Wednesday, March 18, 2015

More than a Marathon

Any serious or frequent runner will tell you that running is so much more than the physical act of running itself. Sure, you can put one foot in front of the other for a few miles...but when it becomes an hour and then a few hours and you are training for half and full marathons or even more, running becomes about something else. You begin to see your body not strictly for how it looks, but as this amazing machine that adapts and needs to be nourished and cared for as it carries you through the miles of pavement pounding and the decades of your life and all you put it through.

As I have trained for my first marathon, I have thought a lot about why I am doing it.  It's not about changing my body or weight loss (I would actually tell any person trying to lose weight to NOT train for a half or full marathon...those leg muscles go a little crazy and your appetite gets a little cray as well), it's not about keeping in shape (you only need to run a few miles a few times a week to do that and this honestly can lead many to injury), it's not about doing it because other people are doing it (you would be insane to do something like this "just because"), it's not because you love to run (many people love to run and have no desire to do a marathon-> I was one of them until about a year ago!) and it's not even about checking off a bucket list item (heck, there are a million other things you could be doing for your bucket list that take less time and energy and who even gets to their full bucket list in a lifetime?!). You have to have a reason that goes deeper.

I missed out on things due to strictly adhering to my long run schedule. I came home early on Friday nights, went to bed early on the weekends, didn't get to go out of town as much as I would have liked, was super-lame with friends due to being tired all the time, and I probably drove people crazy talking about training (i.e. how tired, hungry, or sore I was and what my next long run would be). It is mentally, physically and emotionally exhausting. At least it was for me. This is not something you do because of the above factors I mentioned. If my reasoning didn't go deeper, I never would be entering this race having stuck to my training plan. I would be injured, completely goalless or would have dropped out.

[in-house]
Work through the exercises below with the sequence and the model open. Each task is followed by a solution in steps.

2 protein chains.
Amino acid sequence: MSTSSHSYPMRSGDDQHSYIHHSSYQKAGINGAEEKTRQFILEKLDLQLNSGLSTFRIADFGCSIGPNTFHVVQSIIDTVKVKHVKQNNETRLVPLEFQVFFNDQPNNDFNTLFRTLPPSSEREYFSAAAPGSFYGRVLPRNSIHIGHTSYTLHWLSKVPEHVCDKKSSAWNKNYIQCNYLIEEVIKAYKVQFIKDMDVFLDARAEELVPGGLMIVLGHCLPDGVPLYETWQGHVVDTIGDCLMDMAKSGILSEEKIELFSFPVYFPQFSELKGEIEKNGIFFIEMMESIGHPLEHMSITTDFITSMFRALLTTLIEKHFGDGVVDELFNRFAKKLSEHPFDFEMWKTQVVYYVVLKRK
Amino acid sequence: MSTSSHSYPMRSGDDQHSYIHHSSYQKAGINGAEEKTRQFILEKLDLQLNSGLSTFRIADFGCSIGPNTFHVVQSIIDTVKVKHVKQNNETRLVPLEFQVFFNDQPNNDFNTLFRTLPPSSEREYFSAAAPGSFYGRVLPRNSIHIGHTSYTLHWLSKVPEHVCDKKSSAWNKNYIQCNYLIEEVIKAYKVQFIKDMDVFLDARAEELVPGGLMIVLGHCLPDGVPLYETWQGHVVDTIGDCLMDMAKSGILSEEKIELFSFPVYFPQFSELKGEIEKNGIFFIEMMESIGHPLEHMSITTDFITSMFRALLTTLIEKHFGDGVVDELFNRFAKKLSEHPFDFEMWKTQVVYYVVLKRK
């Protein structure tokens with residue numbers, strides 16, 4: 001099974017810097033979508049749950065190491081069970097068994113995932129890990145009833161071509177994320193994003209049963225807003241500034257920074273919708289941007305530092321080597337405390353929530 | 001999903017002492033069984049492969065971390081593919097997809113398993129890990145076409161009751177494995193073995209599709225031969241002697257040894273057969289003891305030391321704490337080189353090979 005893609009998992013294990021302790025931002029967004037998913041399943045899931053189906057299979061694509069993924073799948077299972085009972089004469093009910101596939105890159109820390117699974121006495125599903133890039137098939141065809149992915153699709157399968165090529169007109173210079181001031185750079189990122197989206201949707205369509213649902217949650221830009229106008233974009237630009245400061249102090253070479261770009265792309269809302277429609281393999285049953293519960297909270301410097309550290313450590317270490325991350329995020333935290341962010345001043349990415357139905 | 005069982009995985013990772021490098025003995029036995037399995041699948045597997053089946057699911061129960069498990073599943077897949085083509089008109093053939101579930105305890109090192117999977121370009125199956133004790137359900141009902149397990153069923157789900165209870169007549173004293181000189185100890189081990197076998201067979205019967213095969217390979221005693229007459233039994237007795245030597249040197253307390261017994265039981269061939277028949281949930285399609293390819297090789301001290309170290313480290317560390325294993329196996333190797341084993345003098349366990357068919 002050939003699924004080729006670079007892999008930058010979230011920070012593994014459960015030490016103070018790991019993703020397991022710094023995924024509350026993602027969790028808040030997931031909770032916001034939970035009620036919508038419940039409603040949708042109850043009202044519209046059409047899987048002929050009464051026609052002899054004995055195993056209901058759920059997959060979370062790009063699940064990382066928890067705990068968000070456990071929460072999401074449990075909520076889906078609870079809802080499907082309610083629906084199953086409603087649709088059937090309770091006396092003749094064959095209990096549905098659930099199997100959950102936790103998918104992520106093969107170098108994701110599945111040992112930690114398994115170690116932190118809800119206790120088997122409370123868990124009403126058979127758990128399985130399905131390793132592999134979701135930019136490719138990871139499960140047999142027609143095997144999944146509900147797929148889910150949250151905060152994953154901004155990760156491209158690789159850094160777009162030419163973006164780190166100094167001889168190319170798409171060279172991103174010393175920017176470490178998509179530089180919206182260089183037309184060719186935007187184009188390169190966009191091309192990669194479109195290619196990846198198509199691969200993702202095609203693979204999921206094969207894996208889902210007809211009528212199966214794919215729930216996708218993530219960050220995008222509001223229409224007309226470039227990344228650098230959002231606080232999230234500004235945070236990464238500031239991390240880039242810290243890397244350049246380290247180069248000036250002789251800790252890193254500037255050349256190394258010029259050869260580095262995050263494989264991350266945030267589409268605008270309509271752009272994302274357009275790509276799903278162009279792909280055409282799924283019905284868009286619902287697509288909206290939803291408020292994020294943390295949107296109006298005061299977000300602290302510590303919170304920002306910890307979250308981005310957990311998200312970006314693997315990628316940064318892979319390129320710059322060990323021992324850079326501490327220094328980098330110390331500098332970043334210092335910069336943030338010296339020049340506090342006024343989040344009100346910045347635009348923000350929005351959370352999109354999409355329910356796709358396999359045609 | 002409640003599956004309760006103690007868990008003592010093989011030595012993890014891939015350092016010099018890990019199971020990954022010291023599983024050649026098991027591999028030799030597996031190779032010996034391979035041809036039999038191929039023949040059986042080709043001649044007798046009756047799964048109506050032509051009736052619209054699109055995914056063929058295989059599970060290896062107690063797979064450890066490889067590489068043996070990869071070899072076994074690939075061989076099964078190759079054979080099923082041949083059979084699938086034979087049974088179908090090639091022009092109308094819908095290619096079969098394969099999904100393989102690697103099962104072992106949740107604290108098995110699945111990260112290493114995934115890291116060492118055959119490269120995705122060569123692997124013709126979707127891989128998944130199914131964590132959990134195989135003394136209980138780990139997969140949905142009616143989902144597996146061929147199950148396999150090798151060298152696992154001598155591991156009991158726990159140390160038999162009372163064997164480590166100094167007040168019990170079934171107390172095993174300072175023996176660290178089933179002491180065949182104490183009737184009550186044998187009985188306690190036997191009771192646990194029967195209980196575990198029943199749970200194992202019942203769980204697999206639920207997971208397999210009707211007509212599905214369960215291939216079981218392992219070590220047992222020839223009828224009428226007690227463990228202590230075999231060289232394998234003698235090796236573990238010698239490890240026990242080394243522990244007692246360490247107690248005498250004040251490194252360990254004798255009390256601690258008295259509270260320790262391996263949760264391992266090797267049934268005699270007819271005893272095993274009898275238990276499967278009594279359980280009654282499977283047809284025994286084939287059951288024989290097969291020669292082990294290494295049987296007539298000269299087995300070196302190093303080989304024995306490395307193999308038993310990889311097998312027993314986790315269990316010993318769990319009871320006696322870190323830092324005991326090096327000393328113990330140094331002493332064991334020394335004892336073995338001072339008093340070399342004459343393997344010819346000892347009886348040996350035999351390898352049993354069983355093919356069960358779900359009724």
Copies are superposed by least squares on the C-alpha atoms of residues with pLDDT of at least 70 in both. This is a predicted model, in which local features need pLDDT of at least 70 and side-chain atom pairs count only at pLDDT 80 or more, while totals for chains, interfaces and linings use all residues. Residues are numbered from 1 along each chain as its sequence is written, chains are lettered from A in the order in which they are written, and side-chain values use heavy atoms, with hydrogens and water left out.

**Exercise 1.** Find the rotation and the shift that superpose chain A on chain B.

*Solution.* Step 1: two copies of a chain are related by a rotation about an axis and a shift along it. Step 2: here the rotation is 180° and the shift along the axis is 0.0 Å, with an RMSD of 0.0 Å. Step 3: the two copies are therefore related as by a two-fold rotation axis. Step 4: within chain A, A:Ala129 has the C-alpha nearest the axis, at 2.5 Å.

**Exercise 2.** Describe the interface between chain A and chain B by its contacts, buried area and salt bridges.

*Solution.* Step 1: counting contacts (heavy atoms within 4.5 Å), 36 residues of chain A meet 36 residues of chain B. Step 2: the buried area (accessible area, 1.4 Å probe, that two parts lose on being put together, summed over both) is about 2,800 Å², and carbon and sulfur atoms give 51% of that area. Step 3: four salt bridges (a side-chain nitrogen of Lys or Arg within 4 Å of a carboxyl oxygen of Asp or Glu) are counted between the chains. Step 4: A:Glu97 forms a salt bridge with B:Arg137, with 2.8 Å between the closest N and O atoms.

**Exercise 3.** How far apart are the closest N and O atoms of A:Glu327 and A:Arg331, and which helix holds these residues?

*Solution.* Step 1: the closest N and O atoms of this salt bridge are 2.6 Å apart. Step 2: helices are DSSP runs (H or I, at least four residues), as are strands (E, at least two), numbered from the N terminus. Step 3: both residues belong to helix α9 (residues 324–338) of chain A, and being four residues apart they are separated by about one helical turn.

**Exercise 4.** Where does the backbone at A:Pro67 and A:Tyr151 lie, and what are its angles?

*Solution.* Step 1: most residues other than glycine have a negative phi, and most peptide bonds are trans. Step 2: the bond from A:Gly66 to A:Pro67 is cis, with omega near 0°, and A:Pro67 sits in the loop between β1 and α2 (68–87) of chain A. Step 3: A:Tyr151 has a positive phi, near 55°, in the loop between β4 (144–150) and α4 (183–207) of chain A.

My reason isn't easy to pinpoint. I just feel it when I run. I try to think of all the things that I have been lucky enough to be able to do in my life: get an education, travel, find a job easily, buy a house, support myself, be healthy and have a wonderful network of friends and family near and far. I have had a relatively easy life, in the grand scheme of things. Sure I have struggled with things and had my share of up and downs, but I have been so lucky.

So I run for them: the people who can't; the people who want to but haven't; the people who enable me to be where I am today; the people who have touched my life; the people who haven't been lucky enough to do what I have done in my short life. I run for my past, present and future, because I don't know what will happen. I run because it heals me and sets me free. I run for the times when I wasn't and won't be able to. I run for what I have overcome. Sometimes I don't know the why but I simply know the how. And the how brings me full circle.

So thank you to all who have been with me through this experience and have influenced me for where I am today. No matter what happens during the race this weekend, I have achieved so much already. I don't need to complete 26.2 miles to make me feel any more lucky or grateful than I already do.

Running is hard, but it is easier than a lot of things we go through in life

Check out these great organizations around Richmond that running supports: Still Easier Than Chemo, Massey, Girls on the Run, and Race for the Cure.
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